I’m kinda old school in that I think spelling still matters. Since Spell to Write and Read  is part of my cobbled together method of teaching reading, I use their spelling lists because why go buy something else? We’ve tried Spelling Workout  twice over twelve years, but each time I find myself frustrated with the expense when it’s so much simpler to use one book for everyone.
My kids do penmanship exercises until fifth or sixth grade, depending on their skills and natural aptitude. Some of them have excellent fine motor control and handwriting comes very easily. Others really struggle. One of my older boys said today that he wants to add penmanship into his work this year since he can’t read cursive and would like to know how to do it. So, at least four of my kids will be working on their handwriting this year.
It might be important to note that my dad is Mister Uptight about cursive penmanship ever since one of his college professors sat him down and taught him to write legibly. I ended up winning the handwriting contest each year in junior high, to his great pleasure. (I don’t always use that award-winning penmanship, but I know how to.) Needless to say, penmanship is kinda a big deal on some branches of the family tree.
Not to be confused with penmanship, writing is the art of putting words together in a way to convey meaning and emotion. I am a writer. I was trained via the South Coast Writing Project back in my public school teaching days. It was so weird to struggle with writing in my own home. I bought lots of different programs and none of them really jelled until I read Julie Bogart’s Writer’s Jungle . Then it all clicked. She takes what made sense to me in college and made it fit the homeschool. Amen and hallelujah. (Her company Brave Writer  offers some great products.)
Susan Wise Bauer’s Writing with Ease  fits really well with the Brave Writer philosophies: copywork, dictation, narration, etc. so I’ll finish up with those books before moving on to other Brave Writer resources.
When I started this homeschool thing 12 years ago, Saxon was one of the leaders in math, both public and homeschool. It’s what we started with and it works. I’m not going to fix what’s not broke. At third or fourth grade we switch to Teaching Textbooks — because sanity. It’s not the strongest program out there, but it’s one of the few that I know of that it mostly plug and play.
Teaching Textbooks  is a CD-Rom based program that teaches the child and then grades the assignment. No more stacks of ungraded math papers! After making a few mistakes in my math curriculum choices, we’ve settled on Teaching Textbooks for math for grades 3 and up. This does need a little supplementation and the course sequence is not ideal, but it works in terms of teaching and grading. The computer does it all!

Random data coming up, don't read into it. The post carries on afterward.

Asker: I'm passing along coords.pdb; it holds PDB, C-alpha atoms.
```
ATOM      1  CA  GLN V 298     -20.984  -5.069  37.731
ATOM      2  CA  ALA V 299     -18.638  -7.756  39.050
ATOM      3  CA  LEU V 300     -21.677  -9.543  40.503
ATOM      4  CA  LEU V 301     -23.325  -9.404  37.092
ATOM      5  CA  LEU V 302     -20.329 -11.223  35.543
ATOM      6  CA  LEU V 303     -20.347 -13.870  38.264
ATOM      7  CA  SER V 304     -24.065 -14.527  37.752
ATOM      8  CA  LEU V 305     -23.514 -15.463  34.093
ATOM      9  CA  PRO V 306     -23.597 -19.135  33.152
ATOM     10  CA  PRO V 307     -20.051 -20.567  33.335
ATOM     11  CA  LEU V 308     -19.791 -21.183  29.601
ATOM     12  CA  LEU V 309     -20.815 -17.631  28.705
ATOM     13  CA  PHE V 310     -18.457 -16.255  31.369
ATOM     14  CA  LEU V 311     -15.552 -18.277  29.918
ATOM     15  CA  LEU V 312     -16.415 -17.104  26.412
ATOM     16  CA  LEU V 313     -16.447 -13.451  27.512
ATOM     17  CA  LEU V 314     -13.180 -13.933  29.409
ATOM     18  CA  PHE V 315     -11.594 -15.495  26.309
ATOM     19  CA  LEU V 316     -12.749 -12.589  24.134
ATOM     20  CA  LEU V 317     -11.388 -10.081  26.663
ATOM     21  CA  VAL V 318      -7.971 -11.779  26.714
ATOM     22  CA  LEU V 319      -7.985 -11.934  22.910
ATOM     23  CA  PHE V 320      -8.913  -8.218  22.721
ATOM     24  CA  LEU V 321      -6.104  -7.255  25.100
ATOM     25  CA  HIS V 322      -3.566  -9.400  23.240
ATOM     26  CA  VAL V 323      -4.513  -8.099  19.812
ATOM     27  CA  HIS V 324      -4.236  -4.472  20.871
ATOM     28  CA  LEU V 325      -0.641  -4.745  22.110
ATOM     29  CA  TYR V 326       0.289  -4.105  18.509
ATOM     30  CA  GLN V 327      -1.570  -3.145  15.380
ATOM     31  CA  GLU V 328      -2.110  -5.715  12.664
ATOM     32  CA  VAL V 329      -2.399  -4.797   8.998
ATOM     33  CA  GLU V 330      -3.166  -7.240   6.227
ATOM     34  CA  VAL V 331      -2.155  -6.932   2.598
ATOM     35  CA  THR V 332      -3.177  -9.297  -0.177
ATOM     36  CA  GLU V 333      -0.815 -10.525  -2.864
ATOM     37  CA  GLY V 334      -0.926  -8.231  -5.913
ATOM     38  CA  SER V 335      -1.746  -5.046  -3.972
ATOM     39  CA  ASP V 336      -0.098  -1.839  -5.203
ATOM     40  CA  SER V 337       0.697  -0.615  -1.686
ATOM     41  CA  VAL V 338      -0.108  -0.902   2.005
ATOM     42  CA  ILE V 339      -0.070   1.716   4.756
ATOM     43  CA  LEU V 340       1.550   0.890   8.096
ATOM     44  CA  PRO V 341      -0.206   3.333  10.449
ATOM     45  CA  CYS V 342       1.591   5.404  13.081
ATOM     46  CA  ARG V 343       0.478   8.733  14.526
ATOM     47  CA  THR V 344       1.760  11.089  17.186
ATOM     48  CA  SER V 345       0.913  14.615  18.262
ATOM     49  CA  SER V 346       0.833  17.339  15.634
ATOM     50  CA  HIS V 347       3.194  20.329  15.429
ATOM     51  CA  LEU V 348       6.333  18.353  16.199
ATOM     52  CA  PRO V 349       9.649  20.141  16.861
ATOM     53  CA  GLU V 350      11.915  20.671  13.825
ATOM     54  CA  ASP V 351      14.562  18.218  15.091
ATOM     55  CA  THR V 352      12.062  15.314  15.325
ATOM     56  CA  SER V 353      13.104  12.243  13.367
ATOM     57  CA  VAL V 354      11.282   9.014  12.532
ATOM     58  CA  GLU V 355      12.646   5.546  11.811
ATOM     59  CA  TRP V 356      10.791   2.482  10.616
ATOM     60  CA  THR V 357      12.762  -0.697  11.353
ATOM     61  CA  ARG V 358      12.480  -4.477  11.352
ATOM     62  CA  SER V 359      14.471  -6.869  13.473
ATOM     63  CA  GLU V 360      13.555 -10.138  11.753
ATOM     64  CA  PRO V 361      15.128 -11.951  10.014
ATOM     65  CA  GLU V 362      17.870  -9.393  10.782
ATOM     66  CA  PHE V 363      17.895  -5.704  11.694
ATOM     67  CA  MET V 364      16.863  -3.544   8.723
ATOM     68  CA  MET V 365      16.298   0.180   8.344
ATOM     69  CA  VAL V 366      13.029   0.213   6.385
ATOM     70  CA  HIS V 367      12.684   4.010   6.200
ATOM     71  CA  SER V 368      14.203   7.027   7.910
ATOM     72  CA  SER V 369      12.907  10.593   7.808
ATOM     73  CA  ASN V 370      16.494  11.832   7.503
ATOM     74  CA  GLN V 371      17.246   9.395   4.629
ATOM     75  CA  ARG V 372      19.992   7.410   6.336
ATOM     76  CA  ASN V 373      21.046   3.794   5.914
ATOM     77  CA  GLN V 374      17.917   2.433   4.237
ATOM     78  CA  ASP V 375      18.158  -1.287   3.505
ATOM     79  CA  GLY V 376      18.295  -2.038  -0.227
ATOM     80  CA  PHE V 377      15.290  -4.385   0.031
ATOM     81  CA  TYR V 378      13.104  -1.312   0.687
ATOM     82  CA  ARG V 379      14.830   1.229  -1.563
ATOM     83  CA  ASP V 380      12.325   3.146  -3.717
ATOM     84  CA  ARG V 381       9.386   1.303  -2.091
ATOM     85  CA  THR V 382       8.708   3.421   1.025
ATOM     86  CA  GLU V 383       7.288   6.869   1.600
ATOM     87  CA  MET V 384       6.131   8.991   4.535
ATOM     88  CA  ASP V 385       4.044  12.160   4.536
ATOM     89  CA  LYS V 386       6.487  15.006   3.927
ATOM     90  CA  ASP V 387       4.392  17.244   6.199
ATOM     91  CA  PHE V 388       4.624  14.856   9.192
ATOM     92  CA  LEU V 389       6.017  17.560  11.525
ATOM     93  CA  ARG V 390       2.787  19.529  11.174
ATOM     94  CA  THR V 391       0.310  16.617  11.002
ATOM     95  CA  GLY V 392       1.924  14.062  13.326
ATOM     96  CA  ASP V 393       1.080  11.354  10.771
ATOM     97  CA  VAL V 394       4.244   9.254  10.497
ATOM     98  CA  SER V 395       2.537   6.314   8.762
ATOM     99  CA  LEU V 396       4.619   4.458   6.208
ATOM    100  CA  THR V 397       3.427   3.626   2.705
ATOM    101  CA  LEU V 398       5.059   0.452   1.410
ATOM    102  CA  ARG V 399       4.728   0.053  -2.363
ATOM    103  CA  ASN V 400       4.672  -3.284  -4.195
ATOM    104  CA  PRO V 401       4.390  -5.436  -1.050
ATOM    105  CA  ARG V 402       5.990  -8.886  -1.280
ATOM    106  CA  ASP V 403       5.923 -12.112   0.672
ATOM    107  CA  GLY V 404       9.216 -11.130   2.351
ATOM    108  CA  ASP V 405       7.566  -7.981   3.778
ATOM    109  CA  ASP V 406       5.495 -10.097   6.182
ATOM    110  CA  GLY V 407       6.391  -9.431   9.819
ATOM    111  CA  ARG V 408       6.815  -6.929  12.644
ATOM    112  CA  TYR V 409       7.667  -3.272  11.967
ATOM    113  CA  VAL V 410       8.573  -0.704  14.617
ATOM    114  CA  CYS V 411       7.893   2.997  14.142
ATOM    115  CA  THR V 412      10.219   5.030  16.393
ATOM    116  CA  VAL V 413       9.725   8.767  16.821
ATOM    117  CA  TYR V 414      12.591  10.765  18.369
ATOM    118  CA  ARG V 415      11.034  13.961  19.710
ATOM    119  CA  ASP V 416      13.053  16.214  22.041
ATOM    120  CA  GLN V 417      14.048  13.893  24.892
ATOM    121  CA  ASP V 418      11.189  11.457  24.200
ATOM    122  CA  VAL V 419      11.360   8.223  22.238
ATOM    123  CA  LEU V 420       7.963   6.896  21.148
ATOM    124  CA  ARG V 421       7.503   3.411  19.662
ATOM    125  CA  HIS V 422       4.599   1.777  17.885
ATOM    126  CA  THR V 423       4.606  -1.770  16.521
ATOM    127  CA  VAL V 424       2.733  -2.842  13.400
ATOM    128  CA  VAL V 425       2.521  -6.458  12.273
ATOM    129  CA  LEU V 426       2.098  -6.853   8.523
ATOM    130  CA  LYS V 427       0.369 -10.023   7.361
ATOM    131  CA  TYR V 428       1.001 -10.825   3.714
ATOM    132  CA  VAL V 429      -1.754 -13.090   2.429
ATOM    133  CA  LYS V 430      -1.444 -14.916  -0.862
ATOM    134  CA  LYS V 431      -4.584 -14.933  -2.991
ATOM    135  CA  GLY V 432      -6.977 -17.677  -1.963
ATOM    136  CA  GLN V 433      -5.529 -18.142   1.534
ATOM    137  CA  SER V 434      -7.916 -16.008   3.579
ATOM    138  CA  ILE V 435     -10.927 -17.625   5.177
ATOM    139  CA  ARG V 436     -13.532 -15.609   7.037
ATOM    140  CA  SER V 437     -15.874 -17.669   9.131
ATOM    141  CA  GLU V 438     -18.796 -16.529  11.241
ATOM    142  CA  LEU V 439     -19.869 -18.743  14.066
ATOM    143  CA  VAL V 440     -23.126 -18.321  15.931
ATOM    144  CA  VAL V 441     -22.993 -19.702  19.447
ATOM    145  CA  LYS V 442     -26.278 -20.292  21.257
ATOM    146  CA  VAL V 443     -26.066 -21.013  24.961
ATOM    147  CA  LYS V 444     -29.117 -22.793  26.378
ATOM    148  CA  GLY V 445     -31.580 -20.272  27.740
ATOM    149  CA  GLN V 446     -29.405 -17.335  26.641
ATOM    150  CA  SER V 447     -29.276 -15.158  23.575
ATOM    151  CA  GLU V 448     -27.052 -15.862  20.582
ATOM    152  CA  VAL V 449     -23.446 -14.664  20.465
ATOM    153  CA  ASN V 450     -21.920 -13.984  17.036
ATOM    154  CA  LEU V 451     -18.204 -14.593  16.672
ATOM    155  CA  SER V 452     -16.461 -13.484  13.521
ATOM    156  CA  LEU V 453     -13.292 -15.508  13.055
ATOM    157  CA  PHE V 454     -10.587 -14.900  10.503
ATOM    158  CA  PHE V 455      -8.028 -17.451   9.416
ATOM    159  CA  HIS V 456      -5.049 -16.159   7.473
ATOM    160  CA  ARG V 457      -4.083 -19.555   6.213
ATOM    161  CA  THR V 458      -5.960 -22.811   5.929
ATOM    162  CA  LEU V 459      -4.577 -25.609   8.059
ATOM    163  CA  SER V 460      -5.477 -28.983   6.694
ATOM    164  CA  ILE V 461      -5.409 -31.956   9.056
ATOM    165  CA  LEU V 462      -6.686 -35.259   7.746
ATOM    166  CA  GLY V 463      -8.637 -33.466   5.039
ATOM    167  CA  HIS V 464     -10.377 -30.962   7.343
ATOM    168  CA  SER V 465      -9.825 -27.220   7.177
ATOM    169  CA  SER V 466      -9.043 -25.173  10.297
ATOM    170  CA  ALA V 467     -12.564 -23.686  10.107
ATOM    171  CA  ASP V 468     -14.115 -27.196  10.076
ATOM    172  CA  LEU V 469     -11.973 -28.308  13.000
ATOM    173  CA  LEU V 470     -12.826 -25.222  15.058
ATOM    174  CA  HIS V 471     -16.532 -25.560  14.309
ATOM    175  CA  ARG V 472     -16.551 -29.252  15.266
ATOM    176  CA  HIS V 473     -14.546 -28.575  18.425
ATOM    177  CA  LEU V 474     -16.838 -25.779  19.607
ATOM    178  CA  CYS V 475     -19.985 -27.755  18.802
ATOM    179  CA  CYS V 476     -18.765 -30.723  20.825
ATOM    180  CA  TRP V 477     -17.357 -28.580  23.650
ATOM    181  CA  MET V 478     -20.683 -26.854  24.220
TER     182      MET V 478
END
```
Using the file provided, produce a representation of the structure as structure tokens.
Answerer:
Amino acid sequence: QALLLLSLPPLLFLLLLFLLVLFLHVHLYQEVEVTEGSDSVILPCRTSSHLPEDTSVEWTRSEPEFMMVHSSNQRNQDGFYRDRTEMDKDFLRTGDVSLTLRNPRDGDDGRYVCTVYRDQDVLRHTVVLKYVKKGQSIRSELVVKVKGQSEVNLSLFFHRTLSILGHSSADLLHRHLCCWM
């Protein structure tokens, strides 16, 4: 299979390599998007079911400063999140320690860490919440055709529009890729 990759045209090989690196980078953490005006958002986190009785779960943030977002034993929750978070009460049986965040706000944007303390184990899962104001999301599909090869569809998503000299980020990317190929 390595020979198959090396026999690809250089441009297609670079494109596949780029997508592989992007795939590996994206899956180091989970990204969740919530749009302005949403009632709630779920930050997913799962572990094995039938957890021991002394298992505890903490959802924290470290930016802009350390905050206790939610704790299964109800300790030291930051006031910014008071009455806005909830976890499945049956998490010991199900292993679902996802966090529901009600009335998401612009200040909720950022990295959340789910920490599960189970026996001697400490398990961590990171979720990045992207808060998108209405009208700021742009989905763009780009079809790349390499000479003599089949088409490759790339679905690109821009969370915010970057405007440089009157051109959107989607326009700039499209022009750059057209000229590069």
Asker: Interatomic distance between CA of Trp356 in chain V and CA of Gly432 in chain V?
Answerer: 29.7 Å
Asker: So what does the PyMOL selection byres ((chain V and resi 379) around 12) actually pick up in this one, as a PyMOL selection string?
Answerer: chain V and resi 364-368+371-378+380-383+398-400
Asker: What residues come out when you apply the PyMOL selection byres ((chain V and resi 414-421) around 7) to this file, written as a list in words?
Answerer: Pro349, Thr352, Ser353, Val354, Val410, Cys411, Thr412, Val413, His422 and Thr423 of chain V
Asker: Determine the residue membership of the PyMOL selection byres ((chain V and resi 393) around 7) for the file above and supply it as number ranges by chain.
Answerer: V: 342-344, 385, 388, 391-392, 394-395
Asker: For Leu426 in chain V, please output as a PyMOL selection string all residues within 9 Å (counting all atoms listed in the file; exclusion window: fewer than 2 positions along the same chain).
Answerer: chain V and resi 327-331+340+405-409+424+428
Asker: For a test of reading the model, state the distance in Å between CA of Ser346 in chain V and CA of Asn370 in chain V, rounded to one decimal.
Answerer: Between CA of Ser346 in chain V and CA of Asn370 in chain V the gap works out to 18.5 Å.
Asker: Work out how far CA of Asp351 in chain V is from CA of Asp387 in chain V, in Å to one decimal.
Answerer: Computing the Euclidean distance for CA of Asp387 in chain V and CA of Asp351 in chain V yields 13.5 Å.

If you go with TT, be sure to do these things that we learned the hard way:
History has always been one of our family’s favorite subjects. It’s fun and exciting, involves arts and crafts — and lots of homemade weaponry. For 11 years we’ve integrated history and literature, reading primary source texts alongside history texts. We’ve cycled through the history of the world in four-year increments. This year completes our third cycle through. I think I will have gone through it almost three more times before we are done. Ha!
In the beginning we followed the time frames laid out in The Well-Trained Mind , then for a few years we derailed onto Tapestry of Grace. About four years ago we hopped back onto The Well-Trained Mind track. I’ve been quite pleased with our move back to The Well-Trained Mind. We use The Story of the World as our spine for elementary school. This system works really well when teaching multiple children of varying ages . We all study the same time period, but each child does so at his own level. This year we should all be on track with one another, tackling the Modern Era, 1850 to the present.
Our literature choices are based on the time period we’re studying which gives younger kids lots of pegs to hang information on for future use. FishBoy13 could tell you the tale of Odysseus when he was three. (Much better than Barney.) So, when we read the Odyssey again at 7 and 11, he knew the basics of the story already and could spend his brain power synthesizing new-to-him details of the story.